RE: uranyl nitrate

From:"Monson, Frederick C."

Whenever one has a question about a compound whose name generates questions
of safety - especially radiation safety - you should remember that the laws
governing shipping across state lines or by common carrier or postal
shipping are VERY fierce.

To get a proper handle, one should ALWAYS have at hand

	1.  a copy of the Handbook of Chemistry and Physics, CRC Press

	2.  a copy of the Merck Index, Merck and Co.

Something like uranium should be reviewed for isotope information so that
questions can be framed with some hope of getting intelligible responses.
Finally, the Merck Index as already mentioned is a great provider of
information about toxic effects.

Every lab should have a shelf of books on safety that includes information
that is pertinent to the materials handled in the laboratory.  Every new
chemical should be accompanied by a MSDS ([not always very helpful unless
you are given a truck load!].

Finally, become familiar with the web sites that concentrate on chemical and
workplace safety.  In a large lab, a PC can be set aside with updated links
to such sites (they do change, and new ones appear constantly).

Uranium 238 (99.2+% of natural U), Half Life = 4.51 x 10^9 years, Decay
energy = 4.268 MeV
Uranium isotopes run from U227 to U240 (atomic masses), and all have an
atomic number of 92.  

There is ONLY one safe way to work with Uranium salts.  Put any sample of
Uranium material (dry or solution) in front of a calibrated Geiger counter
(or a scintillation detector) to satisfy any curiosity about its possible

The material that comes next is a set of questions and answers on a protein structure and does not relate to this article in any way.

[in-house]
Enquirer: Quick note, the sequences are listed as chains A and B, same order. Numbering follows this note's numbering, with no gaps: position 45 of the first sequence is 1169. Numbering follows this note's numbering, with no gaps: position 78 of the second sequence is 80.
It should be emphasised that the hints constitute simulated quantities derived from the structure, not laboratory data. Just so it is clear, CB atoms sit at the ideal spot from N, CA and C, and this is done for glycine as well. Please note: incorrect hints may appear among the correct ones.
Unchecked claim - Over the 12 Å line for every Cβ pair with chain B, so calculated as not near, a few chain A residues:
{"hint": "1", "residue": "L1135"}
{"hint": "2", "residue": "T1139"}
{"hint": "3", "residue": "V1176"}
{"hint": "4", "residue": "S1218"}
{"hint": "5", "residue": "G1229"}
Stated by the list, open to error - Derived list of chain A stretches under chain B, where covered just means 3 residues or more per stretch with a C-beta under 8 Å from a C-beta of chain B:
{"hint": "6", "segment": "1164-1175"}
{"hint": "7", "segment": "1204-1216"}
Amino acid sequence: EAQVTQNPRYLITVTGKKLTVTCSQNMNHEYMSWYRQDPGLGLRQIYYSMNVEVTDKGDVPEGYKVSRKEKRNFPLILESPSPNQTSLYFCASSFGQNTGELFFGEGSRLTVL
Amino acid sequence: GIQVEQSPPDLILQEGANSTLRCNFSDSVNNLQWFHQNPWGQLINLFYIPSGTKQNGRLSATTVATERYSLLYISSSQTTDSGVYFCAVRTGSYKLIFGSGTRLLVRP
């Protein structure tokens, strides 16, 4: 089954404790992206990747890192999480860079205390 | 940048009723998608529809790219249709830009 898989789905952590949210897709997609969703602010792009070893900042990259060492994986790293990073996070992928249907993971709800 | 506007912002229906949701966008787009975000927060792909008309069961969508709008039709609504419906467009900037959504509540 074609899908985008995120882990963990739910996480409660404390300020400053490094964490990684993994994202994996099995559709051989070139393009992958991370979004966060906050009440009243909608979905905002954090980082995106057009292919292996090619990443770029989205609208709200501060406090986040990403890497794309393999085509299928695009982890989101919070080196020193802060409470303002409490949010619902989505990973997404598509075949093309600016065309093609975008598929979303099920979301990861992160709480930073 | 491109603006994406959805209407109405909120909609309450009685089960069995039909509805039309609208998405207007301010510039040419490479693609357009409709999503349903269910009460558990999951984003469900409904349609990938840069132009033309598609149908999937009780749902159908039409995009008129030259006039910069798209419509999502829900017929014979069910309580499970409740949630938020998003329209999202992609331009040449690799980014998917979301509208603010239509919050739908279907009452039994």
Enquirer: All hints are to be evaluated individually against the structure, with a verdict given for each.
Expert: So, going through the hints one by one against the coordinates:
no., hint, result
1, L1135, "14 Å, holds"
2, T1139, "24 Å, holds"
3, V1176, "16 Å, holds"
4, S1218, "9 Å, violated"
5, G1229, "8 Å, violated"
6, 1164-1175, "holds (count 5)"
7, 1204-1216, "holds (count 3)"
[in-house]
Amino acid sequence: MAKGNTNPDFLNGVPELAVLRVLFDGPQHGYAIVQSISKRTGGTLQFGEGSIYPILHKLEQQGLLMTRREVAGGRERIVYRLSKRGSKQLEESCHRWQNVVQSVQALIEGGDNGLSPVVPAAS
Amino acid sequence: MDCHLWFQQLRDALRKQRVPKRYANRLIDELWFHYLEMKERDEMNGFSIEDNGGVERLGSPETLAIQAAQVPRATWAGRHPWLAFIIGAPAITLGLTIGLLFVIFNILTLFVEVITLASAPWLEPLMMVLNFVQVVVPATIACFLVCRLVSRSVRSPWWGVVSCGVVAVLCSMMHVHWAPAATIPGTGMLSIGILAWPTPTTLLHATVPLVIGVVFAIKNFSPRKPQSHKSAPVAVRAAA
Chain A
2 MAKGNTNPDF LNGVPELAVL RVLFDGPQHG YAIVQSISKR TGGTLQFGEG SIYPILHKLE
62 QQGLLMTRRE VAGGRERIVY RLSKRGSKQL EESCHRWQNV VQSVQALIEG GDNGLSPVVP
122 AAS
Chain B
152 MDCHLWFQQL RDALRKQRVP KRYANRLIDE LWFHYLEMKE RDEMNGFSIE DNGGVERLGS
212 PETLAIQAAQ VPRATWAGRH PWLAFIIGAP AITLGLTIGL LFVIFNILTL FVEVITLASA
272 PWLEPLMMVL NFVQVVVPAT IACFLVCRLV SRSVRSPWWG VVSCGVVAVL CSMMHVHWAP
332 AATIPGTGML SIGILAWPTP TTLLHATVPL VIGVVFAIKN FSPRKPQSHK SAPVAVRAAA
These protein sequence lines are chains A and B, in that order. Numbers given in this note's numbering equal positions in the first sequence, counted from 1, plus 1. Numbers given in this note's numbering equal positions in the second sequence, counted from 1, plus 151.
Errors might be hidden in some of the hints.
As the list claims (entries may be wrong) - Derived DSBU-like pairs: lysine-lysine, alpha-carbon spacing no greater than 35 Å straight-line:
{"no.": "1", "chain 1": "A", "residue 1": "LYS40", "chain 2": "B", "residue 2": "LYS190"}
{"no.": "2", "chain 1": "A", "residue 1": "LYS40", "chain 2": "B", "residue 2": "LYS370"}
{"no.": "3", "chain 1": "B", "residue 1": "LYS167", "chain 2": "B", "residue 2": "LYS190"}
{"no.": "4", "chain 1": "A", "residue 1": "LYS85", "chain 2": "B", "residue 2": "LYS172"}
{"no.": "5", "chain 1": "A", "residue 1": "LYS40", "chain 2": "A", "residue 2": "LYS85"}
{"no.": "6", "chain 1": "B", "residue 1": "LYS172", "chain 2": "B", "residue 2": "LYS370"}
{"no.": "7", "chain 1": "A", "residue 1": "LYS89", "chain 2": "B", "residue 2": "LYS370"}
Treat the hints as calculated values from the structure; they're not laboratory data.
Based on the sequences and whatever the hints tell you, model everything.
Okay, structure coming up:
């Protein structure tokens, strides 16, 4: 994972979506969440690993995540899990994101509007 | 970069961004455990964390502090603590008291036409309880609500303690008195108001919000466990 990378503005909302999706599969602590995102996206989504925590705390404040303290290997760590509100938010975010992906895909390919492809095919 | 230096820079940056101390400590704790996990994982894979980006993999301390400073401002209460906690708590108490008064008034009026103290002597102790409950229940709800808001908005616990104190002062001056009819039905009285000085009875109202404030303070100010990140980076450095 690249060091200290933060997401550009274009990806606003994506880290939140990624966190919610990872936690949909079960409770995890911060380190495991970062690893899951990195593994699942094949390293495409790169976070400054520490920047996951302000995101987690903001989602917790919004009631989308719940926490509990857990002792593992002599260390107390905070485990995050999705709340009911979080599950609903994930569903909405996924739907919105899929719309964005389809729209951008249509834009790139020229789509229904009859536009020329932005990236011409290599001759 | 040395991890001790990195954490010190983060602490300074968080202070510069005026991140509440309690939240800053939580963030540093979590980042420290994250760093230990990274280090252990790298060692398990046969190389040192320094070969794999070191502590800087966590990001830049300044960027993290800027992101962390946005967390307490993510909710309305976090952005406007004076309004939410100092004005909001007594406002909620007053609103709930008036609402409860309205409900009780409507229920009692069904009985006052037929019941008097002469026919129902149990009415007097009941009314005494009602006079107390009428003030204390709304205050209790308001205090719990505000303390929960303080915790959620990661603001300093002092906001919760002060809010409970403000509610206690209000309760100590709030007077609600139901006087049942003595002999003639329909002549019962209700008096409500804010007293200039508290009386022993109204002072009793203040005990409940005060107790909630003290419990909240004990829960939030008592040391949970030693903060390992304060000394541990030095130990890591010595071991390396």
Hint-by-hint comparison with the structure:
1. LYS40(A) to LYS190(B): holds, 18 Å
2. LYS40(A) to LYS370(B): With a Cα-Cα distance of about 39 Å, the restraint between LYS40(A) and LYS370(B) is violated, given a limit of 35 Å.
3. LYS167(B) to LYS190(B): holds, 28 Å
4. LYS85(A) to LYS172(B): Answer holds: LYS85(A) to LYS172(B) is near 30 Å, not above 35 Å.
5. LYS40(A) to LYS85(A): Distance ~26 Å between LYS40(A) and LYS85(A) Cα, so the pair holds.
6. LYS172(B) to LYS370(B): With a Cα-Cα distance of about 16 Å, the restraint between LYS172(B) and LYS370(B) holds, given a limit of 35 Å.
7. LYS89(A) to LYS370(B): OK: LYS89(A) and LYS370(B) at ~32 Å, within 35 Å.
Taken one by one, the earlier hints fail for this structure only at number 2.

radioactivity.  If the material is radioactively safe, then the counter
should tell you.  There should be such a device in every hospital, and in
every university or corporation in which research with high-energy particles
is carried out.  That is, it is unlikely that, except for private labs there
should be such devices almost everywhere.  There are small counters that
will detect Radon and stronger sources that can be purchased and require
only annual calibration to remain useful.  

Please understand.  I have had Uranium salts in my lab for years.  As I have
followed the growth of NRC regulations over the years, I have only felt
obligated to test samples of Uranium salts that have come my way when they
are older than the current obligatory rules.

Uranium is toxic on its own merits, not merely because it can also be quite
radioactive, at least as I understand the matter.

Hope this helps,

Fred Monson

Frederick C. Monson, PhD   
Center for Advanced Scientific Imaging
Schmucker II Science Center
West Chester University
South Church Street and Rosedale
West Chester, Pennsylvania, USA, 19383
Phone:  610-738-0437
FAX:  610-738-0437
Visitors URL:

> ----------
> From: 	Linda Smith
> Sent: 	Monday, July 15, 2002 11:13 AM
> To: 	<"Histonet (E-mail)"
> Subject: 	uranyl nitrate
> I need some help with a safety issue concerning 1% aqueous uranyl nitrate
> used in a Steiner stain.  Does any one have any documentation from any
> regulatory agency on it's safety and use in the lab?
> Our safety people want to post radiation signs all over the place and send
> everyone to radiation safety training.
> Thanks in advance.
> Linda Smith, HT (ASCP)
> Department of Pathology
> Children's Medical Center
> Dayton, Ohio
> (937) 641-3358

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